It’s the end of your workout. Whether you finished a run, boot camp or weightlifting session your mind is already moving on to the next of 100 tasks you need to finish…
You’re missing out on one of the two most critical times post workout to maximize your gains and minimize soft tissue imbalances. I promise it will only take 6-8 mins and it’s worth getting done, besides do you really want to rush to your car all sweaty when you forgot to bring a towel to sit on (raise your hand if that’s you)?
So now that I have a few minutes of your time, let’s go over our 3-step protocol that we believe can be applied to any workout, training, sport or age:
Step 1: Assess (30-60 secs)
Will let these videos do most of the talking, but essentially it’s a good idea to know where you may have joint or muscle stiffness from possible imbalances, overuse or compensation occurring during your workout.
Quickly do these two tests to see which body part needs the most attention. Note: If you want to become your own movement expert, perform these tests BEFORE the workout too so you can determine if you maintained, gain or lost mobility.
Shoulder Mobility Test
Hip Mobility Test
Step 2: Relax what is tight/painful/overactivated (2-4 mins)
This is where your handy dandy foam roller or stretching comes in. Based on your tests, if you have:
Shoulder Tightness-Work on lats
Hip Tightness- Work on quads/glutes
Note: This is the minimal effective dosage for success and applies to the people who are saying in their head right now “I don't really have 5-6 mins to do this but FINE i'll try). We appreciate you and know your body will too! If you have more time, or can do it during the second most important time of the day (keep reading) then do more.
Now the physiological outcome of step 2, “relaxing muscles” is to shut off the neurological signal from the brain to muscle. It got worked, now it needs to relax and recover. So we recommend that you foam roll/myofascial release BEFORE stretching.
The pressure causes more significant neurological shut down, making your stretching more effective. You can get away with only doing one or the other, but if your neuromuscular connections were to choose, they’d choose foam roller every time.
Step 3: Reactivate/rebalance your fundamental movements (2-4 mins)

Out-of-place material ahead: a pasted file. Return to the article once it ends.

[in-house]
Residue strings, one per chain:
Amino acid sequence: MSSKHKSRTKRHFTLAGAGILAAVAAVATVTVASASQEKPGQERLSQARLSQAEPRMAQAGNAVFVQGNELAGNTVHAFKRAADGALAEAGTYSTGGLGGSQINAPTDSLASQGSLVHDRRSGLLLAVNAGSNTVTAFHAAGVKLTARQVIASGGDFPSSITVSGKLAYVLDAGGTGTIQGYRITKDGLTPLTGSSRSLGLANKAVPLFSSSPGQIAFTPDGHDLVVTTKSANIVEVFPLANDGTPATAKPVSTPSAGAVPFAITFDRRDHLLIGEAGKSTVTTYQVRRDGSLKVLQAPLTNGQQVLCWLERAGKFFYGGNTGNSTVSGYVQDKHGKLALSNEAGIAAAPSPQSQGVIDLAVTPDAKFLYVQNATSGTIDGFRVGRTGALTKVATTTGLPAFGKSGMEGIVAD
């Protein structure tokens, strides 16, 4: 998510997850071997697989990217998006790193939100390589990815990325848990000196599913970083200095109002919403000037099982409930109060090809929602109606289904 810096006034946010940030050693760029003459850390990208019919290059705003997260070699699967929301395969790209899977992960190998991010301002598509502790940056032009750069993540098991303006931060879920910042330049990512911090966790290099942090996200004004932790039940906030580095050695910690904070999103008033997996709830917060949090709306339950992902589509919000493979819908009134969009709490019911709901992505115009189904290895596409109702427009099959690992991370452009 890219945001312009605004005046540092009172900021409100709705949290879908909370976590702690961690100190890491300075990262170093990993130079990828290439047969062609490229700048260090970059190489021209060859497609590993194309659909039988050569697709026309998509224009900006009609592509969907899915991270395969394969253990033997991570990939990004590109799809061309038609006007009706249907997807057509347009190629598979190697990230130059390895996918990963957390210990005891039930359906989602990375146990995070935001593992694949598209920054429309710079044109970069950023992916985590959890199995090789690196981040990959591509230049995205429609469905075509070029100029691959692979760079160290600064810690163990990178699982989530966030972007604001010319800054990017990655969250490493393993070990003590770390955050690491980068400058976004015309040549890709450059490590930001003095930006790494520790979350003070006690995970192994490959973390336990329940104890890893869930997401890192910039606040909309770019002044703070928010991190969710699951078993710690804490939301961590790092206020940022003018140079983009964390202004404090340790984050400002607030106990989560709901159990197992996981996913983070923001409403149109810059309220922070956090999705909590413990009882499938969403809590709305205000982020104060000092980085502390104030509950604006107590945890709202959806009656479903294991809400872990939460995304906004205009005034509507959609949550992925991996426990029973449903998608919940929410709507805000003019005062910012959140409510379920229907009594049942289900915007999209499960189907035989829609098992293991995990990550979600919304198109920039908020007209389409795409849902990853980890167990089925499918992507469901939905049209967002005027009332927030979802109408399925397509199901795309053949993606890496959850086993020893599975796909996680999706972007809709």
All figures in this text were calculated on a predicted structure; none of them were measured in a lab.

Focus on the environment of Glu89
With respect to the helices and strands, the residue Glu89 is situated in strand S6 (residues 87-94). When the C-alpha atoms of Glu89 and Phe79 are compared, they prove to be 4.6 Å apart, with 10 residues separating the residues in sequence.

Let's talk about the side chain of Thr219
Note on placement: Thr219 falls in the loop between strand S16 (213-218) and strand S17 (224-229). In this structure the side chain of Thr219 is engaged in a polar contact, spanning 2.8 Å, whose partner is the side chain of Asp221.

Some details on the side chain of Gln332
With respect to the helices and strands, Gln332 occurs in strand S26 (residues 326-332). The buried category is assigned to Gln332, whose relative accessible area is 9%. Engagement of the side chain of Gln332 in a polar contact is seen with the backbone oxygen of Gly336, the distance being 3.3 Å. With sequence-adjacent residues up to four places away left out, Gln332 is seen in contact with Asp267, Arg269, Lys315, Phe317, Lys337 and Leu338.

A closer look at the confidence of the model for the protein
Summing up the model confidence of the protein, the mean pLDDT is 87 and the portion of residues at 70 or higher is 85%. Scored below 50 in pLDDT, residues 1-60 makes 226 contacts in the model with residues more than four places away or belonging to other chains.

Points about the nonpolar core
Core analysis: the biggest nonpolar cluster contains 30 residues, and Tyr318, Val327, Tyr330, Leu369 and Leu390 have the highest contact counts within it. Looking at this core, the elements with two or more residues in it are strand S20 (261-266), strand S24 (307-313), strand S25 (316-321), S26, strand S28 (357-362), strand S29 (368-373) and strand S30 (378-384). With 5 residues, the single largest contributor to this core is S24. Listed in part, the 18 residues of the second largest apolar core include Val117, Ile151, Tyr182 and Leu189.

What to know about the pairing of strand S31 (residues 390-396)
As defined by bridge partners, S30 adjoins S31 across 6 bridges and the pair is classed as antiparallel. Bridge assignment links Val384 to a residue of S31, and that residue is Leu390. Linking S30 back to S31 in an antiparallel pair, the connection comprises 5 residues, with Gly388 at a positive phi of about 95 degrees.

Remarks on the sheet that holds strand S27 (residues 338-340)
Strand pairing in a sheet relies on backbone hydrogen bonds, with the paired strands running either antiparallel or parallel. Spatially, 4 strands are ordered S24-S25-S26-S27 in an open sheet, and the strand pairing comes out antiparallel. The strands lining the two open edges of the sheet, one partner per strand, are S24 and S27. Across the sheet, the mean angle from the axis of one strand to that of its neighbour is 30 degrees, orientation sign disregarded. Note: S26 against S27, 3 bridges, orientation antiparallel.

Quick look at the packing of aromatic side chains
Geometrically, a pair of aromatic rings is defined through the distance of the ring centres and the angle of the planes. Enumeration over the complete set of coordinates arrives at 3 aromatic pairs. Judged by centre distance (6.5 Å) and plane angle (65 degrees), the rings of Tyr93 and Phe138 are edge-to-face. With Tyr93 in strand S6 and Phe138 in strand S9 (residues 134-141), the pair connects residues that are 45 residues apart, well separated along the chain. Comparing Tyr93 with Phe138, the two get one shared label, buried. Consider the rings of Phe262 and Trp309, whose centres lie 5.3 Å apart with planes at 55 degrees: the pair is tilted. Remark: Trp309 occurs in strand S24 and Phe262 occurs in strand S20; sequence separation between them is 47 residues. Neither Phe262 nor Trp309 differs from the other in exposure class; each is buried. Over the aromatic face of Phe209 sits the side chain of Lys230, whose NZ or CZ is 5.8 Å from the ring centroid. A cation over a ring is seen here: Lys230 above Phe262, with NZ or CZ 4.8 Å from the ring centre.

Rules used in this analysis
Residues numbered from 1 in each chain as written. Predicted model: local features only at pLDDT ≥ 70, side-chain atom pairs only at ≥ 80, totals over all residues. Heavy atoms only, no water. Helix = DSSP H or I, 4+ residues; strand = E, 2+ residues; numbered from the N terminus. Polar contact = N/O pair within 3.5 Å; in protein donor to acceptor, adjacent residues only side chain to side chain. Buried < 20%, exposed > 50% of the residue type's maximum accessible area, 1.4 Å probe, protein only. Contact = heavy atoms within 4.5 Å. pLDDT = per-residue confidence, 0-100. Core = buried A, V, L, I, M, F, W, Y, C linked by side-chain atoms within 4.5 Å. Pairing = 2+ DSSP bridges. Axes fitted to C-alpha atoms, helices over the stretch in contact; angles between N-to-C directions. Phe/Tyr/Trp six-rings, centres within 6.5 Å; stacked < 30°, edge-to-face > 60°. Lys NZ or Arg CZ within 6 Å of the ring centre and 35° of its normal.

This is the critical one. The truth of the matter is no matter what training or workout you do, compensation is going to occur. You’re going to get tired or going to try to push the weights and intensity. And that’s great! Can’t make no changes if you’re not pushing the limit.
BUT you need to take time to get your fundamentals in check or you will create muscle imbalances that will cause performance loss and potential injuries. It’s the most important thing we discuss with our clients who are seeing us for those two things.
The outcome of this step is reactivate so we can stay balanced. The two movements we’re trying to reinforce are overhead for shoulders and hip extension. These are two drills we commonly give to our clients as part of their specific post-train protocol:
So let’s recap...oh wait!
I forgot to tell you the second most important time of day for this protocol. It’s prior to bedtime, in the last 30 mins before it’s zZZz. Why then? That’s when you have the opportunity to turn off any compensation or overactivation that was lingering throughout the day and could cause you to wake up in the middle of the night or feel 100x older than you are when you get up in the morning. When we are at rest we want EVERYTHING at rest.
Ok so now let’s recap. 3 steps. Assess, relax, rebalance.
By the time you finished reading this article, (unless you’re a speed reader and watcher of videos) you could be done with this protocol and on with your next thing. My goal of this blog is to hopefully help you feel that it’s not a daunting task to take care of your body. I won’t even be mad if you don’t do it everyday! Just be as consistent as you can and you’ll be amazed at how much better you could feel and perform.
To your movement and orthopedic health,
Have questions? Email me at firstname.lastname@example.org!
Please share this article if you think it could help others, we really appreciate your support